Could Africa Become Europe's Next Oil and Gas Station?

Russia's invasion of Ukraine and the attendant horrors have prompted moves by many countries to reduce their dependence on imports of Russian oil and gas. These shifts, combined with western oil and gas companies dumping their Russian interests, present an opportunity to other petroleum-producing countries, albeit one tempered by actions to address the climate crisis. This has led governments and commentators to discuss African producers as potential beneficiaries of Europe's supply gap, with talk of a "seismic shift" to Africa and of the continent as "Europe's next gas station", writes Silas Olan'g, Amir Shafaie, and Thomas Scurfield for African Arguments.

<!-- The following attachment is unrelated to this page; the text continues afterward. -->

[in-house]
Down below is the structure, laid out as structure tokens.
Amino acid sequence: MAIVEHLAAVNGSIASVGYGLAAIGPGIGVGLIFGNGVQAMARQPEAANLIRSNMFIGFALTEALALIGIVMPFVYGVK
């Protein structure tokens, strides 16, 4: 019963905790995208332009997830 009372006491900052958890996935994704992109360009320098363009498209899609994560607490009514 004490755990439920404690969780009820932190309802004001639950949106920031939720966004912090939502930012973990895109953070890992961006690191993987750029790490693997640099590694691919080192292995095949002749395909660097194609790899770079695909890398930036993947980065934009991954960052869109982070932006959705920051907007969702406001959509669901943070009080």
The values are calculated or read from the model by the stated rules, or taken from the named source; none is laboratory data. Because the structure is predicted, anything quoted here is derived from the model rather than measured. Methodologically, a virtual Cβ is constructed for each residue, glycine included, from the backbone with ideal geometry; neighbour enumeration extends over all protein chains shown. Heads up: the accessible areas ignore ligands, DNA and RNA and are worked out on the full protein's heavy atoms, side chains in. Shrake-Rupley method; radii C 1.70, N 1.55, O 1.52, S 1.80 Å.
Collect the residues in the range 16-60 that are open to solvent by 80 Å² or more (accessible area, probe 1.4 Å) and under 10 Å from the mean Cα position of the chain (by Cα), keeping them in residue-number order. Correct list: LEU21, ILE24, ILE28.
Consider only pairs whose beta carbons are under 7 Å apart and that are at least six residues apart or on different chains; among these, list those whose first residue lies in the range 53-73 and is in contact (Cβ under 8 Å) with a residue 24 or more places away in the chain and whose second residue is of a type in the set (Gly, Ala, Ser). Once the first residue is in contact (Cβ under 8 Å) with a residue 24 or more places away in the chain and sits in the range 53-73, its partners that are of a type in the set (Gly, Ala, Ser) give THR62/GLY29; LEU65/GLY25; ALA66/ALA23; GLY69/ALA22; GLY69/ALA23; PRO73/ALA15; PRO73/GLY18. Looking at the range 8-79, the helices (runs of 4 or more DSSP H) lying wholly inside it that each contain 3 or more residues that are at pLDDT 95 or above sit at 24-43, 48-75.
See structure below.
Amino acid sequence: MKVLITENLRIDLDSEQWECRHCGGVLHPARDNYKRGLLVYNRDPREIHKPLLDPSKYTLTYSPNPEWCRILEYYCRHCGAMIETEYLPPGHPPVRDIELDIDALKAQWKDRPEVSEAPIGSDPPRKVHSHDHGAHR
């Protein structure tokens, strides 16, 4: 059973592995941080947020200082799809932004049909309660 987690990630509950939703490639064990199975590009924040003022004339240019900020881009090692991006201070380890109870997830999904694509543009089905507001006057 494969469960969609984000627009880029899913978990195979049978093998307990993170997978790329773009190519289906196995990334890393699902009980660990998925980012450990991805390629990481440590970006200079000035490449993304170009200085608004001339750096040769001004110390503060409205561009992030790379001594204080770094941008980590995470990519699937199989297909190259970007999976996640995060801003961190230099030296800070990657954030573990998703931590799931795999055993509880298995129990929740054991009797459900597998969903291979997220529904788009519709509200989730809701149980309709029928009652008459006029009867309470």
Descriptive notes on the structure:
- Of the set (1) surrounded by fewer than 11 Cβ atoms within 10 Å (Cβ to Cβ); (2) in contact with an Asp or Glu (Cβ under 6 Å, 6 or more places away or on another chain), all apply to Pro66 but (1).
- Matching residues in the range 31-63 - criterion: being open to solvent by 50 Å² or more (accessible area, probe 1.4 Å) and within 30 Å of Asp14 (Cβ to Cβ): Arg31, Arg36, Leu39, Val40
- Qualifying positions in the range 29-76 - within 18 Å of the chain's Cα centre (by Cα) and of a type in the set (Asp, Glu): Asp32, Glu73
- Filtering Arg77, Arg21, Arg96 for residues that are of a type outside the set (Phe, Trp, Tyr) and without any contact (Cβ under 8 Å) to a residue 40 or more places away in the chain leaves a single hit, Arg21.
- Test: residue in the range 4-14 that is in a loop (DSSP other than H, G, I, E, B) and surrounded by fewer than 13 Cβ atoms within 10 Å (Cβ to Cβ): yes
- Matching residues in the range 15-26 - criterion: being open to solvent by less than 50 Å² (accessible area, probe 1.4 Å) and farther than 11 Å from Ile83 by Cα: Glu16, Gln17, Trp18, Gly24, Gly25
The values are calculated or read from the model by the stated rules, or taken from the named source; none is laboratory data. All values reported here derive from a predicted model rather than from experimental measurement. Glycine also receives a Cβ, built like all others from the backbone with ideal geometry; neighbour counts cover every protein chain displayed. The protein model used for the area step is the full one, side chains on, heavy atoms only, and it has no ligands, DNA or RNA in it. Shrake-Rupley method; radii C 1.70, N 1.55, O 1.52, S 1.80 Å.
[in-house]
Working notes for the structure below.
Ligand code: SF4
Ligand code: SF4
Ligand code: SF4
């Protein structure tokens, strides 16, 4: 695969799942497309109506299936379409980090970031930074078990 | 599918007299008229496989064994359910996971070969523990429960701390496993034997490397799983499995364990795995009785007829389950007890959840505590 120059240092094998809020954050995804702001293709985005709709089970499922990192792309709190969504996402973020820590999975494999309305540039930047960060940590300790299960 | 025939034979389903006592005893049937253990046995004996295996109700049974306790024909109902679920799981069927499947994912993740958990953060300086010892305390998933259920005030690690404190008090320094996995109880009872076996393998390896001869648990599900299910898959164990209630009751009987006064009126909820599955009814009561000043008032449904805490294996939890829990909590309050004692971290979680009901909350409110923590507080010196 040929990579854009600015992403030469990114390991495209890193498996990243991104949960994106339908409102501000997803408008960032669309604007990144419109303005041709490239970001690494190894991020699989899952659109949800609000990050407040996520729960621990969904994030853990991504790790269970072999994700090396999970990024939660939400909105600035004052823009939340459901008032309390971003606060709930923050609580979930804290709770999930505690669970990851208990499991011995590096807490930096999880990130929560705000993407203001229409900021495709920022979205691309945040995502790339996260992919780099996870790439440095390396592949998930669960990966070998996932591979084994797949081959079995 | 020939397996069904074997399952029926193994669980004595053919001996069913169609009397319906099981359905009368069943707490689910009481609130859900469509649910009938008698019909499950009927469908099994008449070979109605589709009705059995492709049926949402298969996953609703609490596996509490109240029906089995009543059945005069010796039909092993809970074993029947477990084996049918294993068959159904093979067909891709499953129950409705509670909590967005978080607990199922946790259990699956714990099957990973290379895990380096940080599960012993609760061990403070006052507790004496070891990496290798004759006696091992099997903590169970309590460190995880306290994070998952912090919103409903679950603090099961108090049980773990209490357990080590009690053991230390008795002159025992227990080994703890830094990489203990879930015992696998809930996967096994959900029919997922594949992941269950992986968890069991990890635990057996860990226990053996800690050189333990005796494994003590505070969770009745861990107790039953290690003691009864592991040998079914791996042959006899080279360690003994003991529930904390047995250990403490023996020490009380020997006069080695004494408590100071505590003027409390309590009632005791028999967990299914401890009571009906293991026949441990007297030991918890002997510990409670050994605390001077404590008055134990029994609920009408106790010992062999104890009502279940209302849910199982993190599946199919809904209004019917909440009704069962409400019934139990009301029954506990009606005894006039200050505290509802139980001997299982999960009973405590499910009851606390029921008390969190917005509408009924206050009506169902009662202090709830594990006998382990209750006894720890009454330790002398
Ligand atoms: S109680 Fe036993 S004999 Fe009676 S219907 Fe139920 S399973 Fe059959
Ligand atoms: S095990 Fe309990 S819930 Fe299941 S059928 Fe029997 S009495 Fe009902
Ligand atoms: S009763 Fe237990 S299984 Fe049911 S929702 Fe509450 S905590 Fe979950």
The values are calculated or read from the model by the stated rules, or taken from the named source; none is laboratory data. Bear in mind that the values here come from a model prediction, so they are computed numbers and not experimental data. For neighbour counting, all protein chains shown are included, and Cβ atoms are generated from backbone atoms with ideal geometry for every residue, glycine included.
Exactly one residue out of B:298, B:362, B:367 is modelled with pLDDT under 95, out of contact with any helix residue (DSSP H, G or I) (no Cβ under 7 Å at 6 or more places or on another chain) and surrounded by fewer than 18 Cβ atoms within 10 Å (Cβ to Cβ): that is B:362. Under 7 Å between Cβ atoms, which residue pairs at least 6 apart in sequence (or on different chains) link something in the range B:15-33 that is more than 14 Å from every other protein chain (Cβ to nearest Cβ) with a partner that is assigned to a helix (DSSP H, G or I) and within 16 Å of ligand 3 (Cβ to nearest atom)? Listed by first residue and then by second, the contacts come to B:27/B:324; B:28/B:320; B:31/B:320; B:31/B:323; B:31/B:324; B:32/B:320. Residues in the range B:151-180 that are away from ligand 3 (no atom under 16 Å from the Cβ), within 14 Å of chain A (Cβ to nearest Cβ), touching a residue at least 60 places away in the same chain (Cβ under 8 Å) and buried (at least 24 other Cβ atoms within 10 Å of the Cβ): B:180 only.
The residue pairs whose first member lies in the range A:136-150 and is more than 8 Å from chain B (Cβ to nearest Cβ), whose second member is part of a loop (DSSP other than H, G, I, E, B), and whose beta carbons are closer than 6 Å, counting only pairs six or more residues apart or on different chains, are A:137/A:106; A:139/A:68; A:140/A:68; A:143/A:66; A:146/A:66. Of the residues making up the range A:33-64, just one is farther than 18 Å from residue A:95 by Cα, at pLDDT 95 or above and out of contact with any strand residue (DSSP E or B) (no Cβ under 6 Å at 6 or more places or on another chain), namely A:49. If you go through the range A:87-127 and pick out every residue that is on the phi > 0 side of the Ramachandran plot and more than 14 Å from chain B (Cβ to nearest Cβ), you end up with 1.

Several established producers - such as Algeria, Angola, and Nigeria - are already reaping higher revenues from soaring oil and gas prices. Countries with projects due to start within the next year or so, such as Mauritania and Senegal, will likely also benefit from higher prices. However, most current producers have limited spare capacity to quickly ramp up supply and need to attract more investment before they can.

Experts expect Europe to ramp up investments into Africa's natural gas sector to shock-absorb its economy from the unfolding crisis in Ukraine and the potential for energy supplies disruption in the future.


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